"A change process can only work if you pick up the employees and actively involve them," says Peter Schäfer, Head of Investment Casting Production Unit 2 at the BLANK-Group. He demonstrated this by restructuring the casting processes in the company - and the success proves him right. The BLANK-Group presents three approaches that have led to significant improvements and thus changed the process flow in the long term.
Approach II: Clarity and personal responsibility
For the general process flow, in addition to open communication a clear process and the enabling and empowering of employees are decisive for successful cooperation. The second part in the series on process restructuring in the foundry focuses on these important aspects.
During the investment casting process, wax parts are produced with the help of an aluminium tool, these are assembled to so-called trees and then covered with ceramic mass and sanded. The resulting shells are then first melted out in the foundry before they can be fed into the casting process. The challenge here is that the shells are often similar which makes visual inspection difficult. A reference to the production order is only possible through the enclosed production papers. In this case the clarity could be increased by a colour system. Each melting unit, as for ex. the "roll-over process" or "multi-move robot", is assigned a colour that is reflected on the corresponding trolleys that transport the shells.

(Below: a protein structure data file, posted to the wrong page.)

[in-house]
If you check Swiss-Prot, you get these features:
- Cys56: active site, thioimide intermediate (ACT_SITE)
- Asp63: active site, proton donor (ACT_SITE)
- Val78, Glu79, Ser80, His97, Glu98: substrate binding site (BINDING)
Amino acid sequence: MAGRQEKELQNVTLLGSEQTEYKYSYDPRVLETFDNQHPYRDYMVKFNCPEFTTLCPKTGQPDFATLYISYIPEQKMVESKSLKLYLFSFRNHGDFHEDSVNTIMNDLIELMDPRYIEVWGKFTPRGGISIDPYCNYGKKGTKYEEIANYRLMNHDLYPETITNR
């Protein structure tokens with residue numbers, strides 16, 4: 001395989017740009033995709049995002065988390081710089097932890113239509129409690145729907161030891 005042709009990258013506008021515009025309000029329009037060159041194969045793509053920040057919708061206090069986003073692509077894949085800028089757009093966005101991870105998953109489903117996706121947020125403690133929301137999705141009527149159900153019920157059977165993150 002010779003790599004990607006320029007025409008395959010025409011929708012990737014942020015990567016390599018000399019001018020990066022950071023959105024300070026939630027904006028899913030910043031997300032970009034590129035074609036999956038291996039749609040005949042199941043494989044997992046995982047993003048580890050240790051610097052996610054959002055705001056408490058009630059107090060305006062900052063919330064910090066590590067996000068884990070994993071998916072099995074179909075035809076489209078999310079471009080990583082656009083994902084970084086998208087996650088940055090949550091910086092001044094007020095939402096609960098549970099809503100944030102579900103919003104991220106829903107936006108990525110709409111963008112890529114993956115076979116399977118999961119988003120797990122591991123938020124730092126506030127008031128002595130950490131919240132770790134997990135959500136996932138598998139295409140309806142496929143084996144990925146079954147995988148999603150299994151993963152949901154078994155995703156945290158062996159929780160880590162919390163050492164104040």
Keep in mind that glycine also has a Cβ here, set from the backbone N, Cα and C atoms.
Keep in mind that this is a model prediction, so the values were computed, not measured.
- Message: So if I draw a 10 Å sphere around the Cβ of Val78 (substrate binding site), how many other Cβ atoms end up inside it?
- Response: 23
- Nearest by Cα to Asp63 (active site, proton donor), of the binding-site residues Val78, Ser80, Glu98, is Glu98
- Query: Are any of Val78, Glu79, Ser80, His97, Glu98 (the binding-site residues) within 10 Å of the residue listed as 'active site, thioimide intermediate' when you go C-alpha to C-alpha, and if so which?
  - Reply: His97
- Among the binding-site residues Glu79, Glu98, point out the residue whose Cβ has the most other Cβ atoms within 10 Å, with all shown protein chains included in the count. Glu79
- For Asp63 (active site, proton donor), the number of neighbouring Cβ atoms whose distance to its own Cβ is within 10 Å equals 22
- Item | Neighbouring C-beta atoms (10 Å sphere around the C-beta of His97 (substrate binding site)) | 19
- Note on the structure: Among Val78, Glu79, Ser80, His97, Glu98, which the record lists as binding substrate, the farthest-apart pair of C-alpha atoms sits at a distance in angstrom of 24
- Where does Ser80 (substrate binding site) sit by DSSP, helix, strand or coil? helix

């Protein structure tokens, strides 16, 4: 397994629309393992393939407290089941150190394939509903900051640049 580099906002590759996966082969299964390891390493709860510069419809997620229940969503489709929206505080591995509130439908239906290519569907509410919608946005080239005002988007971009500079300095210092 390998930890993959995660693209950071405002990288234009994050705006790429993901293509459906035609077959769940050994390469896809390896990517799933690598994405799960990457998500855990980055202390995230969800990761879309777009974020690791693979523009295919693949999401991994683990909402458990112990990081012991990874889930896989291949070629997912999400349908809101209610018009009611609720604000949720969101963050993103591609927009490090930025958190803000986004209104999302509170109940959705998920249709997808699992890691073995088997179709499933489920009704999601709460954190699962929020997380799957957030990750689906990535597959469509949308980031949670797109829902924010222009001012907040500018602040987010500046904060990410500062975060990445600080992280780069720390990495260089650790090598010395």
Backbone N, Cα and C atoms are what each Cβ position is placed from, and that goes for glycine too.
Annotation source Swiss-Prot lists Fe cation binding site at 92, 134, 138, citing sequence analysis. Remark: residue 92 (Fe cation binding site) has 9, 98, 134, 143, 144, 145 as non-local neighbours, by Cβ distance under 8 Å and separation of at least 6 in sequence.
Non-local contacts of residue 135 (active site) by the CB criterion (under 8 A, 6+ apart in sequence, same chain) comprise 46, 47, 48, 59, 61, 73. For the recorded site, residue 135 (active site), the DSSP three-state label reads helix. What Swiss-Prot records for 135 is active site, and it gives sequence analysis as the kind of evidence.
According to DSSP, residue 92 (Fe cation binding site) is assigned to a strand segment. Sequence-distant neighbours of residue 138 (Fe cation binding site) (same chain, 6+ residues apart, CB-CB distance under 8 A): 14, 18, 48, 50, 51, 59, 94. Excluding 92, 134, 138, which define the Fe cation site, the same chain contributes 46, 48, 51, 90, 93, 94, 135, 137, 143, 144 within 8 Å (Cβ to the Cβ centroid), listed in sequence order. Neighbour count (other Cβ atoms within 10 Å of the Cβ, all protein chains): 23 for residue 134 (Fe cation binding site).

5. Increasing the reference to the end product
Another topic close to Peter Schäfer's heart is the reference to the end product. "At BLANK about 1500 different models of about 400 customers are manufactured every year. As a result, most employees do not know what they are currently working on or in which device a casting will be used later. But I am convinced that the motivation in the team increases when you know what you are working on. In addition, you have to keep reminding yourself that there is a value, a commitment, a task behind every casting - in my opinion, this respect, also towards the complex production process, is a basic prerequisite." Therefore, a showcase has been installed in the casting department displaying investment castings with information on the end application. Additionally a new part and its intended use is presented every month throughout the company. But there is also another intention behind the involvement of the foundrymen. "The employees in the casting area only see the shell and the hot melt. If run-out errors occur during the casting process, they cannot always be explained immediately in many cases," says Schäfer, "This is where the foundrymen can help us, because they are in the middle of the process and often recognize better a pattern with regard to melt, geometry and run-out defects."
6. Promoting personal responsibility
This conviction also played a decisive role in another of Peter Schäfer's concerns. For him one premise applies to all activities that occur in the casting area: to make the employees more responsible. "We are not all car mechanics. Nevertheless, everyone can check the oil level and change the wheels. I would like to achieve this state in the foundry as well." The employees should be able to react proactively and be well acquainted with their tools, the casting furnaces. Maintenance interventions can thus be prevented or, when they occur, recognised in time and dealt with at little expense.
"As a supervisor it is important to give self-determination and responsibility back to the worker. Only then potentials can unfold and a learning effect occurs. It is deadly when supervisors get bogged down in micromanagement."